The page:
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5 tips for photographing your baby’s first months

by Dana Lauder
There is nothing quite like the first few months in the life of a new baby.

Getting to know this new little person in your life is an amazing thing, and if you’ve been through it before, you know just how fast it goes.  They almost seem to change before your eyes.  My goal in photographing these first few months is to be able to transport myself back, to almost be able to smell that new baby smell just(…)

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From color to black and white in Lightroom only

by Jennifer Nobriga
Editing is such a crucial, final step in allowing your vision to come through. For me, Adobe Lightroom is my choice for post processing, mainly because it’s so darn easy to use.

For this before and after, I’m going to show you how I took an image of my daughter playing in the sprinkler, from color to black and white using only Lightroom.

A little bit about this image before we get started. I was drawn to this image(…)

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To Title, or Not to Title (that is the title)

by Elle Walker
With a formal background in Speech Pathology, and a passion for language in general, I have such a fascination with verbal and non-verbal communication, and the way in which this translates into photography. This relationship is something that I explore with my students in my workshop Fine Art and Visual Expression and lately I have been thinking a lot again about how these concepts relate when giving our work a formal title.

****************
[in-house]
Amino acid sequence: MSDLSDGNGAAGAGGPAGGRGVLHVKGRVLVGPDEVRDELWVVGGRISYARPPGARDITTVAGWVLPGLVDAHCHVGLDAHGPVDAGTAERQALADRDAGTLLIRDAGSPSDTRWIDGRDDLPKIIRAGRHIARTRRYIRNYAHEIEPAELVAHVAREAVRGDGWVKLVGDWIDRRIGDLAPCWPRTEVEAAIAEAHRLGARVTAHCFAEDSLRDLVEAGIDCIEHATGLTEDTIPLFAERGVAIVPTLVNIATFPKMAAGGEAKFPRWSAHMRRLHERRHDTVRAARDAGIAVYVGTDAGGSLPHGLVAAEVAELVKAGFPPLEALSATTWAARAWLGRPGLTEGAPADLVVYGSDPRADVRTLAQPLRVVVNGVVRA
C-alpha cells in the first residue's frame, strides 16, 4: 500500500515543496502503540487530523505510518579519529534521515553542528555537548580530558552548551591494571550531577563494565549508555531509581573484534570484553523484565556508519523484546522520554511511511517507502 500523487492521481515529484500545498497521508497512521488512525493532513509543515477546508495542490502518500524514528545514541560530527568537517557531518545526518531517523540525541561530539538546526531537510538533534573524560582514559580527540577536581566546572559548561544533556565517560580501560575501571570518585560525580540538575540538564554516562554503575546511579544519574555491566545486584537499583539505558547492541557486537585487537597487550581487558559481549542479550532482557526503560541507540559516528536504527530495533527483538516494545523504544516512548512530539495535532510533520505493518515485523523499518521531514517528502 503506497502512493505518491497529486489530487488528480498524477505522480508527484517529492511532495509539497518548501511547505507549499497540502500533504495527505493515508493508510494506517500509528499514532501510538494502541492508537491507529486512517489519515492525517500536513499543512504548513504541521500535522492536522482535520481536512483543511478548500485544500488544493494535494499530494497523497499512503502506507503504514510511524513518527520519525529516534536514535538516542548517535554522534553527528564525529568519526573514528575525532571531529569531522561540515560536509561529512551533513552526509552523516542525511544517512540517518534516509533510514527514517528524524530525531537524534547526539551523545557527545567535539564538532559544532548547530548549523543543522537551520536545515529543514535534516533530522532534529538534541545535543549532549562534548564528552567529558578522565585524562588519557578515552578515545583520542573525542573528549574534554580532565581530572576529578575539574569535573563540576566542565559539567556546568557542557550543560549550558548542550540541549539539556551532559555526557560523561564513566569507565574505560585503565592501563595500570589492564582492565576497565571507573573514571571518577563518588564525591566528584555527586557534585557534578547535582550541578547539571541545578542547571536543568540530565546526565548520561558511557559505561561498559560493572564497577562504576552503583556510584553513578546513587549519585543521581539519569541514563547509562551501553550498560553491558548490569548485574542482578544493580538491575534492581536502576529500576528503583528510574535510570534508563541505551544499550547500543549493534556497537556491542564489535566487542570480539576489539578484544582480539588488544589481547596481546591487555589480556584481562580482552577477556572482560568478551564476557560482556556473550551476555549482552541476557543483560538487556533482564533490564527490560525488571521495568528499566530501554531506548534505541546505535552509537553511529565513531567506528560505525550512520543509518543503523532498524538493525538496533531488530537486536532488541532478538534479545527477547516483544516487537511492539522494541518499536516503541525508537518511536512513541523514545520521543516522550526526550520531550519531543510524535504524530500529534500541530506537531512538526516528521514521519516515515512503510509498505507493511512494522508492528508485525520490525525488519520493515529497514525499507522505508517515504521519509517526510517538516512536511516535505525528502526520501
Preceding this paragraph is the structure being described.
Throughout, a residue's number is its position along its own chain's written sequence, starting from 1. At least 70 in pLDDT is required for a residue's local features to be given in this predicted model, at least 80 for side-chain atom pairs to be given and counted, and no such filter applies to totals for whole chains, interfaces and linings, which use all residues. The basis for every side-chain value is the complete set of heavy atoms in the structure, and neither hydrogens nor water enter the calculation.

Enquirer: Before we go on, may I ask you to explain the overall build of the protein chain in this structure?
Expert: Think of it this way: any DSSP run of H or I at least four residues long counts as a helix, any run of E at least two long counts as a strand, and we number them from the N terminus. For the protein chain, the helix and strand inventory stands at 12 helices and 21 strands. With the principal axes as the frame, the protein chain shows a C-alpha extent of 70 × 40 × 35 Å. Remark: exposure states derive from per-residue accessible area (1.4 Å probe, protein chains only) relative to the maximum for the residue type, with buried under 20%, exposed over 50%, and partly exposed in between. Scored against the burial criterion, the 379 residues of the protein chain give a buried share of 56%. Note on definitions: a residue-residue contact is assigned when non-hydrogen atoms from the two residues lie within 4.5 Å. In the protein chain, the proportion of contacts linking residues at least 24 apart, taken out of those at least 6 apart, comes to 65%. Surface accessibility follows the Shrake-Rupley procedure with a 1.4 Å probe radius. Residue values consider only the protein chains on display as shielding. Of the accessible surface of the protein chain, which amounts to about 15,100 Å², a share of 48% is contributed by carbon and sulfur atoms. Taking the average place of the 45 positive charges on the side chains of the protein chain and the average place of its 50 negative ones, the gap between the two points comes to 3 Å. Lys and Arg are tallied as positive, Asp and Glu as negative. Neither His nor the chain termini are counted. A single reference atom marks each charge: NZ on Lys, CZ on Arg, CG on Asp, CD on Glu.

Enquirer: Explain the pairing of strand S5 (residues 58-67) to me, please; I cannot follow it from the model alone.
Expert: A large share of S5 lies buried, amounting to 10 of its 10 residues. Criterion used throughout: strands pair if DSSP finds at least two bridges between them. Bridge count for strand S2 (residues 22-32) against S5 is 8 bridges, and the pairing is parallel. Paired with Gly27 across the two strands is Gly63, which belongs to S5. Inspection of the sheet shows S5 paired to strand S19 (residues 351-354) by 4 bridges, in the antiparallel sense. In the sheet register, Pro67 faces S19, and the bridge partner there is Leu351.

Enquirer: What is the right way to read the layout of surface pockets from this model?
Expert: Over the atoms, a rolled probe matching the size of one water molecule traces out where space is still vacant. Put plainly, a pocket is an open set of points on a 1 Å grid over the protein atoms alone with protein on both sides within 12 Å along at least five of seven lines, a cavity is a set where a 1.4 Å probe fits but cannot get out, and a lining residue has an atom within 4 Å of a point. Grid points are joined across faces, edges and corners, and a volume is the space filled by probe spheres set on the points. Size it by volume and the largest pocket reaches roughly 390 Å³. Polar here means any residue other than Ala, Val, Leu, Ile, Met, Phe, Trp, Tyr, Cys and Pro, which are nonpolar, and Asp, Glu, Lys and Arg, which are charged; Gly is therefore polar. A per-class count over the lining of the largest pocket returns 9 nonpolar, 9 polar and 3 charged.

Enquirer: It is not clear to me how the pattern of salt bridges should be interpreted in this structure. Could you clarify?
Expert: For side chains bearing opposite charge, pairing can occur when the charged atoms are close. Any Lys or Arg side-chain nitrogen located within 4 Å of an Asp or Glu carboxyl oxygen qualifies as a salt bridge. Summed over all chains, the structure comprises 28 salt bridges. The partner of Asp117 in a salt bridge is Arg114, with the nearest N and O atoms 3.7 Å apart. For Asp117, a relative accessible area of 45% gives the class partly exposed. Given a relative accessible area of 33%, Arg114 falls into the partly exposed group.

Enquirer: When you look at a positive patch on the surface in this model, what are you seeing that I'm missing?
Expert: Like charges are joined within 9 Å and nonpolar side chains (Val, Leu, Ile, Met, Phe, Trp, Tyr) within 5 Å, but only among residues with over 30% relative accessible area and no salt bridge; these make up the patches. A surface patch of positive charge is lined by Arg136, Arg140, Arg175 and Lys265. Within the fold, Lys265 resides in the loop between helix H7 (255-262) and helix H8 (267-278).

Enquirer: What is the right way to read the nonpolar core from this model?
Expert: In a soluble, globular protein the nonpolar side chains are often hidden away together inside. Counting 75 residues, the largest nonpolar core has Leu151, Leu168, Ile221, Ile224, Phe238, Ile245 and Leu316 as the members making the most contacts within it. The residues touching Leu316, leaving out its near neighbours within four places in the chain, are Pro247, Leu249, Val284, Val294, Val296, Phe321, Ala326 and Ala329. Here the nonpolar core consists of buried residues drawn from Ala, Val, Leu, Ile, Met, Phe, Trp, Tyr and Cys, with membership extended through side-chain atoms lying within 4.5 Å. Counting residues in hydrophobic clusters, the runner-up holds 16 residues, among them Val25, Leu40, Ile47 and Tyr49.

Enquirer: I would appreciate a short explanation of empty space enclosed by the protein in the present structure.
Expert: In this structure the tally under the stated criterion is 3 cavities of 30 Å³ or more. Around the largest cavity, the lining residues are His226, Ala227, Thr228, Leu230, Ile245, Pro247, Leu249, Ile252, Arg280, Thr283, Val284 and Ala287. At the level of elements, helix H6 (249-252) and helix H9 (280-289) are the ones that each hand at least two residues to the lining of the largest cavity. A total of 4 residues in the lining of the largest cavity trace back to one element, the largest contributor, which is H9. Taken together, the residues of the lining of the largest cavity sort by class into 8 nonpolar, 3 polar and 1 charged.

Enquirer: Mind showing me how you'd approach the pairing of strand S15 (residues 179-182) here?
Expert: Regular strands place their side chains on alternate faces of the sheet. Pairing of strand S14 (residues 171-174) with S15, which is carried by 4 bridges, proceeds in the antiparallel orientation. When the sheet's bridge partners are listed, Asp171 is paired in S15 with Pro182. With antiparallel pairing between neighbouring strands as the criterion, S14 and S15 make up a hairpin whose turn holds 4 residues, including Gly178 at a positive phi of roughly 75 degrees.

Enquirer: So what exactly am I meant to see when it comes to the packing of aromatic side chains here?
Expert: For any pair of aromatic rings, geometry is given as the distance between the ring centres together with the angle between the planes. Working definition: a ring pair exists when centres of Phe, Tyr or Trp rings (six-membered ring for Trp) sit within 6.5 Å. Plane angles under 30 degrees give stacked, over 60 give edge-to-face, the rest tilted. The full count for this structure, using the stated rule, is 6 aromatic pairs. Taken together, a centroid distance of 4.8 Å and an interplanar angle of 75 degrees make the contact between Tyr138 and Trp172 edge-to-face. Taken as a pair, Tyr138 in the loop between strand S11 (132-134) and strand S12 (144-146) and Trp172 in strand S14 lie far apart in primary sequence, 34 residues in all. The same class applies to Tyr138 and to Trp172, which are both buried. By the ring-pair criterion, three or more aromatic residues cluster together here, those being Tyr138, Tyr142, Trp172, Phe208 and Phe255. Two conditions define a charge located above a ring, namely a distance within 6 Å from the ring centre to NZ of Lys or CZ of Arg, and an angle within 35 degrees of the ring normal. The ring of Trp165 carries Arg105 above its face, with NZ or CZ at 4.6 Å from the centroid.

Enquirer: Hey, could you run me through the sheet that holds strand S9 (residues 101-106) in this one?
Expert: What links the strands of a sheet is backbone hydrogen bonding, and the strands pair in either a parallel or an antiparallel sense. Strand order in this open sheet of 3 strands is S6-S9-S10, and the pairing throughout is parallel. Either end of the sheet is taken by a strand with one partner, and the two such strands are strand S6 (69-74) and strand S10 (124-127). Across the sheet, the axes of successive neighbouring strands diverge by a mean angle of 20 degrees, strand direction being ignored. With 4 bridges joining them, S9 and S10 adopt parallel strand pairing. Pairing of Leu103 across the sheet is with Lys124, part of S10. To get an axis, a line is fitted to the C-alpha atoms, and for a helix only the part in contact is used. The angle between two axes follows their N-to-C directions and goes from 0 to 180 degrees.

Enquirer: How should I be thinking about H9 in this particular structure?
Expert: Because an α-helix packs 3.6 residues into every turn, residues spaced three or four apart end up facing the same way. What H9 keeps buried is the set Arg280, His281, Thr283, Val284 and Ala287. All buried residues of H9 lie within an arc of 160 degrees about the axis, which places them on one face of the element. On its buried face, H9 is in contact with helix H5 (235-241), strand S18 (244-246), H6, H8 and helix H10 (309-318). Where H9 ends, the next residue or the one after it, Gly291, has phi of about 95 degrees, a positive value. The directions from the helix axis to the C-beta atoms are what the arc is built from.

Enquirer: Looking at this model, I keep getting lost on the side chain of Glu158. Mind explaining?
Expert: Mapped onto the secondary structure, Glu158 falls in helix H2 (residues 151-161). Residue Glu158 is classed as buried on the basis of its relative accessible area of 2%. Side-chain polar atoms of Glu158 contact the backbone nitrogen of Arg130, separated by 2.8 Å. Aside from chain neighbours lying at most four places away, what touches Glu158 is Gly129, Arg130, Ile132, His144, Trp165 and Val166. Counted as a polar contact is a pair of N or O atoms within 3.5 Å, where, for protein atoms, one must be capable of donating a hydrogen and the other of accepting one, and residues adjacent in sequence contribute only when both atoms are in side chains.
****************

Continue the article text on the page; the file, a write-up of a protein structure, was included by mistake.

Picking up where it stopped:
Often when submitting our work to shows(…)

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black and white birth photo by Calgary photographer Cat McAteer

5 ways to artistically express yourself in birth photography

by Cat McAteer
It was not until I started to document births this past year that I felt like I had found my inner artist.  I still remember the moment at my fourth birth, an intense yet beautiful home birth that I realized how much space I had to create art at the same time I was capturing a family’s birth journey.

One might not expect to find a lot of room to create art when you are photographing a birth. You(…)

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How to photograph your life outdoors

by April Burns
When I think of my childhood, I think of the outdoors, the river that I played in, the round top barn that we worked in, and the animals that we raised. I spent so much time outdoors; I watched the clouds and listened to the wind and birds. What I wouldn’t give to have images of me as a child riding my horses in the pasture with the gorgeous blue sky above or the golden red sunsets to(…)

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7 hacks to photograph your day without losing your mind

 by Jessica Thomason